Botany Photo of the Day
In science, beauty. In beauty, science. Daily.

February 16, 2016: Botany Photo of the Day will return this spring with a new format similar to the new UBC Botanical Garden web site. In the meantime, please enjoy the restored content!

Impatiens psittacina

Impatiens psittacina

Thank you to Ruth for today's scan and write-up:

What may look like a typical Impatiens-type flower in this image is apparently very rare! This is a scanned image of a colour reproduction from Curtis's Botanical Magazine Vol 127, TAB: 7809. This 1901 publication is where Joseph Dalton Hooker first described the species in a publication (and copyright has expired on the original image). This reproduction does not express a true sense of the size of the species; for example, the flowers are around 5cm (2 in) in diameter.

The species does not closely resemble the typical nursery-grown impatiens in wide cultivation (i.e., hybrids of Impatiens walleriana) and sold as 6-packs for your shaded garden areas in need of some colour. Instead, Impatiens psittacina more closely resembles species like the tendency-to-be-invasive Impatiens glandulifera and reaches similar heights of 2m (6ft).

Impatiens psittacina, or the parrot-flower is from north Thailand, Burma and portions of east India.

Steve Lucas writes extensively about Impatiens psittacina on his web site, Exotic Rainforest in this article: The Rare Thailand Parrot-Flower. Steve also notes that the only public garden known to have an individual of this rare species (that he's been able to locate) is the Queen Siktri Botanical Garden in Chiang Mai of Thailand.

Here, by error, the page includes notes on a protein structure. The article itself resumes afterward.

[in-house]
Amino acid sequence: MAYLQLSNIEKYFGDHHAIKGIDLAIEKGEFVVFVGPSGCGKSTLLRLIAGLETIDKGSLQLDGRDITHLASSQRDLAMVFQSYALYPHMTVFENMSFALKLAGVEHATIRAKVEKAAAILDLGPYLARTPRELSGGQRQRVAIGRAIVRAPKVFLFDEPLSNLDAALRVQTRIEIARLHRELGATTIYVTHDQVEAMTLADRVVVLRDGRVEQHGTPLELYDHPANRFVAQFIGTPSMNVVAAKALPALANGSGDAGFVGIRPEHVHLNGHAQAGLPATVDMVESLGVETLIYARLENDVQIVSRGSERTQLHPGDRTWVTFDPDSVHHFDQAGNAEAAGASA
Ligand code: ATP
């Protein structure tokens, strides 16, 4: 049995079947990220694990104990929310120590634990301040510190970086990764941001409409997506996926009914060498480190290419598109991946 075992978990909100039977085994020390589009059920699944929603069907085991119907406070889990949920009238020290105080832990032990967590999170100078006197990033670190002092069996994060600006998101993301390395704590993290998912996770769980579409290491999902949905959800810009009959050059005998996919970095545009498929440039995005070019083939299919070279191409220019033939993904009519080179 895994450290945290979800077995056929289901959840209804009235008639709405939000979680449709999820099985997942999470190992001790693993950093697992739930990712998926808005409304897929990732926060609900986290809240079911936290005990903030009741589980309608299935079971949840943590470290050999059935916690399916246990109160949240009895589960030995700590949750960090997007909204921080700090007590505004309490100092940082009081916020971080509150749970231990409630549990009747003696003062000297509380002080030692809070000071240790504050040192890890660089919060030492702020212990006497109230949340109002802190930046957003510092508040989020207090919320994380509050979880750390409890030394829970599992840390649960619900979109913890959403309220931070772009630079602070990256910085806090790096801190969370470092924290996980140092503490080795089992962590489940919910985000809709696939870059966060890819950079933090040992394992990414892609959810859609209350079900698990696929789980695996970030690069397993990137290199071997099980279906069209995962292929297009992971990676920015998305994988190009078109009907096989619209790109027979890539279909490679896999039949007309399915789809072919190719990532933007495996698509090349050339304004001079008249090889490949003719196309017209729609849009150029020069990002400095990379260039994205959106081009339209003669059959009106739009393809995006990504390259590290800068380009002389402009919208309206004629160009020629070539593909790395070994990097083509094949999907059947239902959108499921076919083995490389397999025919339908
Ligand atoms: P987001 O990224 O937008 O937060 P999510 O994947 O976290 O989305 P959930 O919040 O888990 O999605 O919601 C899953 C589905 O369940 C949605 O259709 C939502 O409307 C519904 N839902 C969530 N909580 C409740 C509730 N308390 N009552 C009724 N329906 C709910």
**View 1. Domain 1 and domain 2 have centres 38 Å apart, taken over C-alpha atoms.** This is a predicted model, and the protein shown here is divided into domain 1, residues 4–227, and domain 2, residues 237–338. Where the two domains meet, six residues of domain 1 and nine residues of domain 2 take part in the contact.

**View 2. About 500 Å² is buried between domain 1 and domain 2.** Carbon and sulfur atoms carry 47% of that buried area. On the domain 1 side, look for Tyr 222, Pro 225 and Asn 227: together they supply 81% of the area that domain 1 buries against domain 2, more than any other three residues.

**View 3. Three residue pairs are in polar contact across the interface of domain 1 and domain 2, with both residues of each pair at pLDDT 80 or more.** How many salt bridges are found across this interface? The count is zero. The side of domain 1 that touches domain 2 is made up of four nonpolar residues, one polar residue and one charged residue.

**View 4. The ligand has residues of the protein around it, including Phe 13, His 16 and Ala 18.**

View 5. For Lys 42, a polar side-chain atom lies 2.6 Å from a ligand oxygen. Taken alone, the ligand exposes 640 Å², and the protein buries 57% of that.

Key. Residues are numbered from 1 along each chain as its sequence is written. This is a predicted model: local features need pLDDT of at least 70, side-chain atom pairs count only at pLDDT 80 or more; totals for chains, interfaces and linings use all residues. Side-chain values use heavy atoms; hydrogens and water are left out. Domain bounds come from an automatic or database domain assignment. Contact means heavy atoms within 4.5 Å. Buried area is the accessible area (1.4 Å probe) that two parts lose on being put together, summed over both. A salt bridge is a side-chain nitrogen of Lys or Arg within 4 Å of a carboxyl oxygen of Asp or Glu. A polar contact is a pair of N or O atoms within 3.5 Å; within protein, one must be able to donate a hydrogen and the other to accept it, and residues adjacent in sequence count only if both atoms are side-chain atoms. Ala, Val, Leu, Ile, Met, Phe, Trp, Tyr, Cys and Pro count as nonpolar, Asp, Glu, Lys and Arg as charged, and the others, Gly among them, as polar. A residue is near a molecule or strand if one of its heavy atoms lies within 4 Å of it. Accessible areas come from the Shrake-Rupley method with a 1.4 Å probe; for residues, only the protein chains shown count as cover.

Steve has also started or contributed to a number of discussions about this species on the UBC Botanical Garden forums, which you can find here, here, here, and here.


Love those old botanical magazines with expired copyrights!

Here is my favorite Impatiens species. It's a high-altitude species and can only be grown in mild winter/mild summer regions.


Oh my, Eric, those pics are glorious! But it was fun to see one of those old prints, too.

i visit the curtis magazine often

i enjoy the the the lovely art work
then search for the plant to see
if it still exists

another site more commercial but
still full of wonderful paints and
drawings is panteek i spend time
with the artists so much time
effort to record all the new
discoveries so many centuries ago
thank you this is a treat today

I believe that Logee's in Connecticut has this plant for sale. I think I've seen it in its catalogue.

Beautiful! I love the old paintings and drawings of flowers, they seem extra special!

yay!!! ruth is back!!! and cool flower btw (i love that you pointed out the copyright date =P)

It resembles more Impatiens arguta and the once-rare true blue Impatiens namchabarwense, and also to a lesser degree the US east coast native I. capensis. There are others similar besides glandulifera, like the massive I. tinctoria. See (check out the photo of I. delavayii!)and those offered by Annie's Annuals.

Here on the east coast, unless kept shady and moist, they suffer through our hot humid summers.
I've killed tinctoria 3 times last summer, but arguta and menengschwzsomethingorother are said to come back in spring from rhizomes or tubers (which a few species have) and namchabarwense has seeded itself about the garden so I await in anticipation next spring to see if it will become a beautiful volunteer every year as Impatiens balsamina has.
This is one of my new favorite groups of plants alongside orchids, arisaemas, and carnivorous.
I'll be trying cross pollinations next year, especially with some very pretty varieties of Jewel Weed (capensis) we have around here.

Oh, I should have opened this the day it arrived. I adore botanical prints!! Daniel, perhaps you could do a series on old prints?
Thank you!

Does anyone know where this plant can be pruchased from for sure???????????????

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